On the death (and rebirth) of our great cities…
THE MELT - Issue #13
If everyone who could afford to leave NYC actually left, imagine how cool this town would be.
I’m one of the lucky ones: I live in a rent-stabilized apartment. I have friends in New York City who have moved two or three times a year. For many years in a row!
And I know even more friends who were priced out of New York City and relocated to Los Angeles or Seattle or Austin, all cities that seem to be catching up to New York City’s housing pricing quite nicely. Austin’s still pretty cheap I guess, but don’t tell anyone. And I’m not even going to look at San Francisco.
Now, enter Coronavirus. Suddenly New Yorkers — the ones with the means and opportunity — are fleeing the city left and right. I have more than a couple of friends who gave up their tiny, pricey Brooklyn apartments for something new, the next chapter up the Hudson or elsewhere. And hell — San Francisco is bracing for a seemingly biblical exodus.
But maybe, just maybe, these shifts, all those folks leaving cities like New York and San Francisco, maybe it will actually correct the balance. I know, it’s a wild idea. I’m with you: New York City ain’t what it used to be. And I blame the rich. Wealthy developers, moneyed banker bros, playboy beneficiaries… sometimes it feels like they all got together and cut up the waterfront in Williamsburg, Brooklyn so that everyone got a suite with a sweet view of the Manhattan skyline.
The rest of us? We got rent increases and expensive restaurants, crowded trains, and entitled neighbors.
And look, I know I’m a gentrifier, there’s no denying that. I rented a space in a commercial warehouse and made significant improvements that increased its value. And that radiates out. But it’s one thing to turn on a few lights in the neighborhood. It’s another thing altogether to drop an atomic bomb of development in Williamsburg.
But I digress.
Did you catch yesterday’s NYT article by Eduardo Porter? “Coronavirus Threatens the Luster of Superstar Cities” It’s great, and it actually got me to reconsider a few things.
One, over the last months I’ve been mourning New York City and lamenting about its demise and undoing by Coronavirus. So many of us moved here to be amongst it, to be surrounded by the ambition and drive of the people who make this city a leader in art, music, theater, publishing, fashion, cuisine, you name it, the list goes on and on. None of us came to New York City to stay in on a Friday night.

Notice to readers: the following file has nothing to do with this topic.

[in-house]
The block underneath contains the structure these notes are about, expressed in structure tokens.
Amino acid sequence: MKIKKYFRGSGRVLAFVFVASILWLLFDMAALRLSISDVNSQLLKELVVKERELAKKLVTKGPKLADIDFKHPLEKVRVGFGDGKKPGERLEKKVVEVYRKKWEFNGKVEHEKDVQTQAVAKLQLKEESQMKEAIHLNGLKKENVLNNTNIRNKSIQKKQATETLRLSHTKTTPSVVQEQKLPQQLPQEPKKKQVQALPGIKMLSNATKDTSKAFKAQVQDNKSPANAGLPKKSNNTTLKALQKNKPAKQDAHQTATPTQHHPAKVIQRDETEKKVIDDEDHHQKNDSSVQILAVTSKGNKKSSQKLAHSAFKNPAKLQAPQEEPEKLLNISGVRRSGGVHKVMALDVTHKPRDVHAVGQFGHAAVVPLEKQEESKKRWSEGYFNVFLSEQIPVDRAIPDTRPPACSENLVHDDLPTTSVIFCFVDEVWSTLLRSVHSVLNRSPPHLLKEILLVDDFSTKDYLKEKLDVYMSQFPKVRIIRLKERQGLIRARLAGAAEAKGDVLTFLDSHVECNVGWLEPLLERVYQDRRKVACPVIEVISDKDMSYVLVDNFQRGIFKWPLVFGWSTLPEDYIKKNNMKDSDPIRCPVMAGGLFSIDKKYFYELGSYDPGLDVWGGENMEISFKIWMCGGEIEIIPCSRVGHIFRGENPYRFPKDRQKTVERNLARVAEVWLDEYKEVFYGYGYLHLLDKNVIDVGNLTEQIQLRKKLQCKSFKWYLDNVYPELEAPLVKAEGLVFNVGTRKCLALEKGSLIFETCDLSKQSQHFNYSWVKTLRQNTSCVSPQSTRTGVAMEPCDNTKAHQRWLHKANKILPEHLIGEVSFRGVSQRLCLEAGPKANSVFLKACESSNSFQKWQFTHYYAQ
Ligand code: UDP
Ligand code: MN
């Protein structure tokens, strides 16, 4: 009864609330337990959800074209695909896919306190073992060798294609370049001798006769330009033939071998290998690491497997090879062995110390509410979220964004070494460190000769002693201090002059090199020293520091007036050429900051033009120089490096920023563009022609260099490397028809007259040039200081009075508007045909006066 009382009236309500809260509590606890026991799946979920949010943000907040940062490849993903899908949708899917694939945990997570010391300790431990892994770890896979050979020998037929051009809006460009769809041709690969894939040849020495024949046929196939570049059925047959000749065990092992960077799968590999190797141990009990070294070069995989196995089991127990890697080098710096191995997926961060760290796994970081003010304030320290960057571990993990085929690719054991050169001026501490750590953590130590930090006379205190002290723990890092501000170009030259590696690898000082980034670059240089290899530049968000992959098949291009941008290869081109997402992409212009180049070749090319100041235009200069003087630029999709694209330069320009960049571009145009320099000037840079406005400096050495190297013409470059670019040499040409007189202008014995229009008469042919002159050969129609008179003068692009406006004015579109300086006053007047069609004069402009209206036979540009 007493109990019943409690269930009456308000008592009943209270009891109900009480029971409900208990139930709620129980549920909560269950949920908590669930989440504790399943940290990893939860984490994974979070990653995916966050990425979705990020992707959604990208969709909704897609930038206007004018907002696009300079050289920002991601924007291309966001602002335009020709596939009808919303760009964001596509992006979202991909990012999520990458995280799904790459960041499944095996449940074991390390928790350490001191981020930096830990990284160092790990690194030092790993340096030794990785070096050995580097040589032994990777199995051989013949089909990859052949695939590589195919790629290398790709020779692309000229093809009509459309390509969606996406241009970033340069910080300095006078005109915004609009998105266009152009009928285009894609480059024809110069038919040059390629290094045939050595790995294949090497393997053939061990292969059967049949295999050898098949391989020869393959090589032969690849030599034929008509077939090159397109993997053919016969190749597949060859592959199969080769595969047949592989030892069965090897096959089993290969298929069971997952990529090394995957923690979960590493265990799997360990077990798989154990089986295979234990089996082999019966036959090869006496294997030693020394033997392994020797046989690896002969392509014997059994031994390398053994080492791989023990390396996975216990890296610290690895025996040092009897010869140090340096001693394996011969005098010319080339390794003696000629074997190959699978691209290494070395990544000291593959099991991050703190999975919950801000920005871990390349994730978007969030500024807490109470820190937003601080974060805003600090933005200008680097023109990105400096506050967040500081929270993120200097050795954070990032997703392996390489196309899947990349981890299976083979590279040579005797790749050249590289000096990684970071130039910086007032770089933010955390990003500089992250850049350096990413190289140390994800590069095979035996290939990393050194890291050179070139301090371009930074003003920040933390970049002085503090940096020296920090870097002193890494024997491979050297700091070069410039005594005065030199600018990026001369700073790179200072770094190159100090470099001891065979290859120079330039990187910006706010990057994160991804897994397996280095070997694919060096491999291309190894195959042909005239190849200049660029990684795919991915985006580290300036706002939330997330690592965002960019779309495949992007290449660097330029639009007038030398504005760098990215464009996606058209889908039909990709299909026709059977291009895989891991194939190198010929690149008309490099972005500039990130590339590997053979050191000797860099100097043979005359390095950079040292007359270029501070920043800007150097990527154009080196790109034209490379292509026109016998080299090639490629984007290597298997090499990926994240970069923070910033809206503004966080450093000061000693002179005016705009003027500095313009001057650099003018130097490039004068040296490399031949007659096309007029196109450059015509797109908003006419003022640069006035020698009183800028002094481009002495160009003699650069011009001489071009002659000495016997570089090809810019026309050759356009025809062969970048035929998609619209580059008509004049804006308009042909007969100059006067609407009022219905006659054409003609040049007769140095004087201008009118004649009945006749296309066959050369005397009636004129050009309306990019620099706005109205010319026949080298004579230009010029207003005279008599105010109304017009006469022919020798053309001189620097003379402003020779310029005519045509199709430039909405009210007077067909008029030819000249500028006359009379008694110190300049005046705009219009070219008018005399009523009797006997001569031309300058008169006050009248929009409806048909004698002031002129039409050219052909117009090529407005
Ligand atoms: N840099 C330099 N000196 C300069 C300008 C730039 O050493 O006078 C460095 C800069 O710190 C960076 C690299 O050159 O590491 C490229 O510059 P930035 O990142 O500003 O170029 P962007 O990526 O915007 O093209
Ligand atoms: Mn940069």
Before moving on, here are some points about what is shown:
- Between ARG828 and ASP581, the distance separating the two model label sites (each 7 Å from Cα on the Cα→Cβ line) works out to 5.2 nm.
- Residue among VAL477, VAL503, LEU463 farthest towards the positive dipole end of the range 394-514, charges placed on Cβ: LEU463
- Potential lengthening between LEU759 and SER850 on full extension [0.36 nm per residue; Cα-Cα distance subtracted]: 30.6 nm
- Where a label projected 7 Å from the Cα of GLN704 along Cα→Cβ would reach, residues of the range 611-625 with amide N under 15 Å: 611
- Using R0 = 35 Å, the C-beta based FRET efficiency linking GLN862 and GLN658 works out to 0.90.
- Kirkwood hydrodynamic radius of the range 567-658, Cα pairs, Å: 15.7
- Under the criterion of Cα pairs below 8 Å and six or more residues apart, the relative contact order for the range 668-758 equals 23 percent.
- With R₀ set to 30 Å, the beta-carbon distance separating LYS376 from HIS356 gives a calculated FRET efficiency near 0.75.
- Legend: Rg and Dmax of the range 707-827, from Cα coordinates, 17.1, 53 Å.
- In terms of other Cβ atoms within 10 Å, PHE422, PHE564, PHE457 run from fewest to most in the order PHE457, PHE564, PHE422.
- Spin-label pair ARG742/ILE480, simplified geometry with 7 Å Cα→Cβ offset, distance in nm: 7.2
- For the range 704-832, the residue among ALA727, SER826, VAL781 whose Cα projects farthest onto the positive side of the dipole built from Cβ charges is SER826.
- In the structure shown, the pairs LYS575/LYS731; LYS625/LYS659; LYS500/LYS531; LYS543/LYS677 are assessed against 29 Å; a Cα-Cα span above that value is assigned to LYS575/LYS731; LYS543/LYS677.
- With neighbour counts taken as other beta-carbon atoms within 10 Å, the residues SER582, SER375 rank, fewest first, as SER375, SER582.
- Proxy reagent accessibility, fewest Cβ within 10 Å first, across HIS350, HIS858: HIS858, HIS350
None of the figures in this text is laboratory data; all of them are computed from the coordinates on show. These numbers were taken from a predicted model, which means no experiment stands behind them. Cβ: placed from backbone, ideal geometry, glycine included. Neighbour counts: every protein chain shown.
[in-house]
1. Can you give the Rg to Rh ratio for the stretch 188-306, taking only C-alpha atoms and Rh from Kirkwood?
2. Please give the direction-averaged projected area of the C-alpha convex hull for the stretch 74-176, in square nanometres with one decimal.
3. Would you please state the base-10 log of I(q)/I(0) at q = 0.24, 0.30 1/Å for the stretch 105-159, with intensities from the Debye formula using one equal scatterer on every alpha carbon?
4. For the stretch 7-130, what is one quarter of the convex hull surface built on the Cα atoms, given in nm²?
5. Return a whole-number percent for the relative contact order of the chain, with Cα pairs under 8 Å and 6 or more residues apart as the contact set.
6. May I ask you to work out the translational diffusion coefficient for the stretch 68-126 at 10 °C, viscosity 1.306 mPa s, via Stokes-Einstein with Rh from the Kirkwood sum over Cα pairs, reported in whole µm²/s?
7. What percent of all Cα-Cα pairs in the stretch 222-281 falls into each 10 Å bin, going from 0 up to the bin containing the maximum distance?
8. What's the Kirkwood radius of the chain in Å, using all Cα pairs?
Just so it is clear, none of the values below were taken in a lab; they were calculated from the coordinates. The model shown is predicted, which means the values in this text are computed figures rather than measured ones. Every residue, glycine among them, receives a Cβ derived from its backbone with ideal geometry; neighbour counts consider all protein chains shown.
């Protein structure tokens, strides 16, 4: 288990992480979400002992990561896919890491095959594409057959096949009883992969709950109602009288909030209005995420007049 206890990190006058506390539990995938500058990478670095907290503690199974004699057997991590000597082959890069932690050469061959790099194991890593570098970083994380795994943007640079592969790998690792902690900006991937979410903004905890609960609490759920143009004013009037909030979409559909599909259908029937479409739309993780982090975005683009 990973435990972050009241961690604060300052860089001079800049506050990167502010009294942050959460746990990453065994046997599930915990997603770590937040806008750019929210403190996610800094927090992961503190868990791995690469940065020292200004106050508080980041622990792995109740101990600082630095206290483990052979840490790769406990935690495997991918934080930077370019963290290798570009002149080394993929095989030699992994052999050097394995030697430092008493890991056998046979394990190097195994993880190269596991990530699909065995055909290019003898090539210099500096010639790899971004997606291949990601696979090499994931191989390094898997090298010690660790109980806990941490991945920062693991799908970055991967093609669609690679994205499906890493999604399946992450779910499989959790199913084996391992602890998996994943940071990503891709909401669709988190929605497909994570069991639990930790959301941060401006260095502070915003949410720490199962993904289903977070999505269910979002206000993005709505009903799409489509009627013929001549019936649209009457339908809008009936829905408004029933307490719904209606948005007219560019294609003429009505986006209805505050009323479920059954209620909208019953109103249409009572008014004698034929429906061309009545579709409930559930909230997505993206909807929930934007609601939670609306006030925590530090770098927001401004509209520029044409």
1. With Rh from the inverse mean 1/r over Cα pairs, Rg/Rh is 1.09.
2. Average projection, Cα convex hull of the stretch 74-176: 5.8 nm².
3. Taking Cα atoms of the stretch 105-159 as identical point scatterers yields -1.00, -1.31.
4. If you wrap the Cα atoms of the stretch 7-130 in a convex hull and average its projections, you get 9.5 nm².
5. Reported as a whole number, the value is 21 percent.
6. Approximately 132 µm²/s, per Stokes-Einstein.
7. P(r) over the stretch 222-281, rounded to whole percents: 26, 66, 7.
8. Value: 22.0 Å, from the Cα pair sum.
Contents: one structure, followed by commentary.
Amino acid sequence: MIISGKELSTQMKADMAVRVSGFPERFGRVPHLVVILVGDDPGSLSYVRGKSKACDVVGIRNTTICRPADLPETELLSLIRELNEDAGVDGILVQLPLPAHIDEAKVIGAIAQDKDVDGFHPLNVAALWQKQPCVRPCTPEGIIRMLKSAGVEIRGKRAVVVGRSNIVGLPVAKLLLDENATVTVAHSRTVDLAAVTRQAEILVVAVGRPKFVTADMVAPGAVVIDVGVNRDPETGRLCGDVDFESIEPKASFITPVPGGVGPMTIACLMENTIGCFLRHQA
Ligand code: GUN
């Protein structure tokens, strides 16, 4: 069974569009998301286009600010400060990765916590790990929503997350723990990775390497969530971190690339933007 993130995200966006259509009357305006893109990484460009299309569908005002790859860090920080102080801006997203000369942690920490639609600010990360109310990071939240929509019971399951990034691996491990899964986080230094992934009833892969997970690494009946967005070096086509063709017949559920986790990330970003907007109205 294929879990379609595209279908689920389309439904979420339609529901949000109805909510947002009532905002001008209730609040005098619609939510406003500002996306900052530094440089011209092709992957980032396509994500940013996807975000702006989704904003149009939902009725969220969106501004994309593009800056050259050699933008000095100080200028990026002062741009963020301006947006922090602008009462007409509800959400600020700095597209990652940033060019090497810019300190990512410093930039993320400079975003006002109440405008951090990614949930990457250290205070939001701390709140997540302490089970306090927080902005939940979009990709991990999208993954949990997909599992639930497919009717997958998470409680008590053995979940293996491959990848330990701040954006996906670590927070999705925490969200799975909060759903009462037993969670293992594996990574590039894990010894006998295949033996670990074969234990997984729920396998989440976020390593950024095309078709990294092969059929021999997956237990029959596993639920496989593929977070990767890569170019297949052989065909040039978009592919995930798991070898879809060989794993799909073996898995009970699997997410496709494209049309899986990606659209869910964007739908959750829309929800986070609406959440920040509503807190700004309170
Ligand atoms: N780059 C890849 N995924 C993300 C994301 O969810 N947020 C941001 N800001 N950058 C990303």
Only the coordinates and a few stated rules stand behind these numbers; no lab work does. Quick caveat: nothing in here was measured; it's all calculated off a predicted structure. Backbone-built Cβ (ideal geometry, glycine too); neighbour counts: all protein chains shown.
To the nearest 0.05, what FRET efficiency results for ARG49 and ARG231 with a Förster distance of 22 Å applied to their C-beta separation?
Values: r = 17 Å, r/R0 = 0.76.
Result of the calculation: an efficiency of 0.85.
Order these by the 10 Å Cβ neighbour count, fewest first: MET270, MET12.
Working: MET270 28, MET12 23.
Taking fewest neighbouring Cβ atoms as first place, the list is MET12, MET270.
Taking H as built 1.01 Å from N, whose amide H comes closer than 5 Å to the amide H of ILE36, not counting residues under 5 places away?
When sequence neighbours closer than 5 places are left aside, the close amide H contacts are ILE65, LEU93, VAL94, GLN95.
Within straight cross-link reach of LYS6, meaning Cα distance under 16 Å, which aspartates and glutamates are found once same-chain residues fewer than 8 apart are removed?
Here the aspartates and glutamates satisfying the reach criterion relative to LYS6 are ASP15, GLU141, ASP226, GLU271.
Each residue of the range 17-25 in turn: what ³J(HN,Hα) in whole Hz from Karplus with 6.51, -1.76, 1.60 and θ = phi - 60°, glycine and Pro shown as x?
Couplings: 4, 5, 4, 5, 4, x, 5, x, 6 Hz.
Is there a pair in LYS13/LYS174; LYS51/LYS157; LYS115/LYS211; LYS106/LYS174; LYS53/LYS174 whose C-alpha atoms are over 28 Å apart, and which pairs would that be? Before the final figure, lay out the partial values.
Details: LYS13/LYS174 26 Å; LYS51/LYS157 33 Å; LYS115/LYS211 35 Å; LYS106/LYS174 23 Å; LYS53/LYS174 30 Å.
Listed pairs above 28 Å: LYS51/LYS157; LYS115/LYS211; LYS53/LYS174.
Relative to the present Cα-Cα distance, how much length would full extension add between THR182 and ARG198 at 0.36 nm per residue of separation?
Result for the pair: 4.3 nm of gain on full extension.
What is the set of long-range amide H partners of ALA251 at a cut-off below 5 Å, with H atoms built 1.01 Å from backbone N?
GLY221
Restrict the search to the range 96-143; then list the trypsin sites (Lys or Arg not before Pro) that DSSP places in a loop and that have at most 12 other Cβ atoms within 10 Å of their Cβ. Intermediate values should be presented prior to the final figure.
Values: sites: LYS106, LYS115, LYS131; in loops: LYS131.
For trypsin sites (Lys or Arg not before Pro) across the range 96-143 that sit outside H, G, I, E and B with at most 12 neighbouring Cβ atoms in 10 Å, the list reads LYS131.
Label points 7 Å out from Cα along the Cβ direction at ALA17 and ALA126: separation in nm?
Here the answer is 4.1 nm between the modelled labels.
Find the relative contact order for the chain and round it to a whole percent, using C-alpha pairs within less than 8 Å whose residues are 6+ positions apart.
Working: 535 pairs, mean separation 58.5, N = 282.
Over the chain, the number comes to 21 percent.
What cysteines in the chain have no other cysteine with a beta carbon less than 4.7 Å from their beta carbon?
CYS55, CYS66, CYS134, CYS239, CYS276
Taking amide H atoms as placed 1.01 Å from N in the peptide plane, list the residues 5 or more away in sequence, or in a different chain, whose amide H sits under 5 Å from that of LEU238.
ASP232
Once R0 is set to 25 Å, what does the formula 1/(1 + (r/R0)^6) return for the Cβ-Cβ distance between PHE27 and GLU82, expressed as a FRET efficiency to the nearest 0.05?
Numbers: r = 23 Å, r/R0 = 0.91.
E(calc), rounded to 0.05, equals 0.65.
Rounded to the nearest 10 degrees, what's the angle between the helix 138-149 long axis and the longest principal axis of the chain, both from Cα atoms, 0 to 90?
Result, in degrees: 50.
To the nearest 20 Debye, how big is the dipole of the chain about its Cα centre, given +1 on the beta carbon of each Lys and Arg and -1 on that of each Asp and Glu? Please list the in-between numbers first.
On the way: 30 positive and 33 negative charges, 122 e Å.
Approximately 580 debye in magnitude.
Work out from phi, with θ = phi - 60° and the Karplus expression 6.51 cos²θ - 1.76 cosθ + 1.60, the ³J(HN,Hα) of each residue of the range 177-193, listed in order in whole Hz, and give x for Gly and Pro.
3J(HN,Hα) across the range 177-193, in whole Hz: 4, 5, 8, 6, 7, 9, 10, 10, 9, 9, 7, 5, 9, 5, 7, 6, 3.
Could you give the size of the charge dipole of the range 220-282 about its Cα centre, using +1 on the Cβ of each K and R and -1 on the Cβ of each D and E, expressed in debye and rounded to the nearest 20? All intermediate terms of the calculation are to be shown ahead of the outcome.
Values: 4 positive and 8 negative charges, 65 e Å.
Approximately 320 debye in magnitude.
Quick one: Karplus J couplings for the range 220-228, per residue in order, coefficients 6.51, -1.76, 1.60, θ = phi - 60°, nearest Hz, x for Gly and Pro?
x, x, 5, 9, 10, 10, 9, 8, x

It’s like I said to my friend Ryan if we can’t go to shows and we can’t eat at restaurants and everyone’s working from home, why wouldn’t we move to a cabin on a lake? Give the dog some space to run around! Get a grill, some tiki torches even! I’ll live in a treehouse if it’s got stable wifi.
But, I do absolutely love New York City. I really, really do.
I’ve lived here for 14 fucking years. In Brooklyn for 20, and in Greenpoint, in this same apartment for 14 years, much longer than I’ve lived in any other place. I watched the planes hit the second tower. During the blackout, my friends and I went skinny dipping in a city pool. We hunkered down during Sandy. And for Coronavirus we’ve taken every precaution, sequestering at home for over 100 days.
I think for the very first time in my life I can now relate to folks living in the flood zones of the Gulf of Mexico. Why wouldn’t you leave? That’s what the reporters always ask them. Where would I go? This is my home. That’s what they always say.
And yet… Here we are living in a box among boxes, with no culture, no activity, no real semblance of the New York City that rallied and even prospered through former tragedies… it makes you think about your options, if and may you have them.
Now, let’s get back to Eduardo Porter’s New York Times article “Coronavirus Threatens the Luster of Superstar Cities…”
Consider life in a reconfigured New York City. Rents are lower, after the departure of many of its bankers and lawyers. There are fewer fancy restaurants, but probably still many cheaper ones. People with lower incomes, including the young, can again afford to live in town. City services may be reduced, but if a fifth or more of workers aren’t going to the office on any given day it will be easier to get around.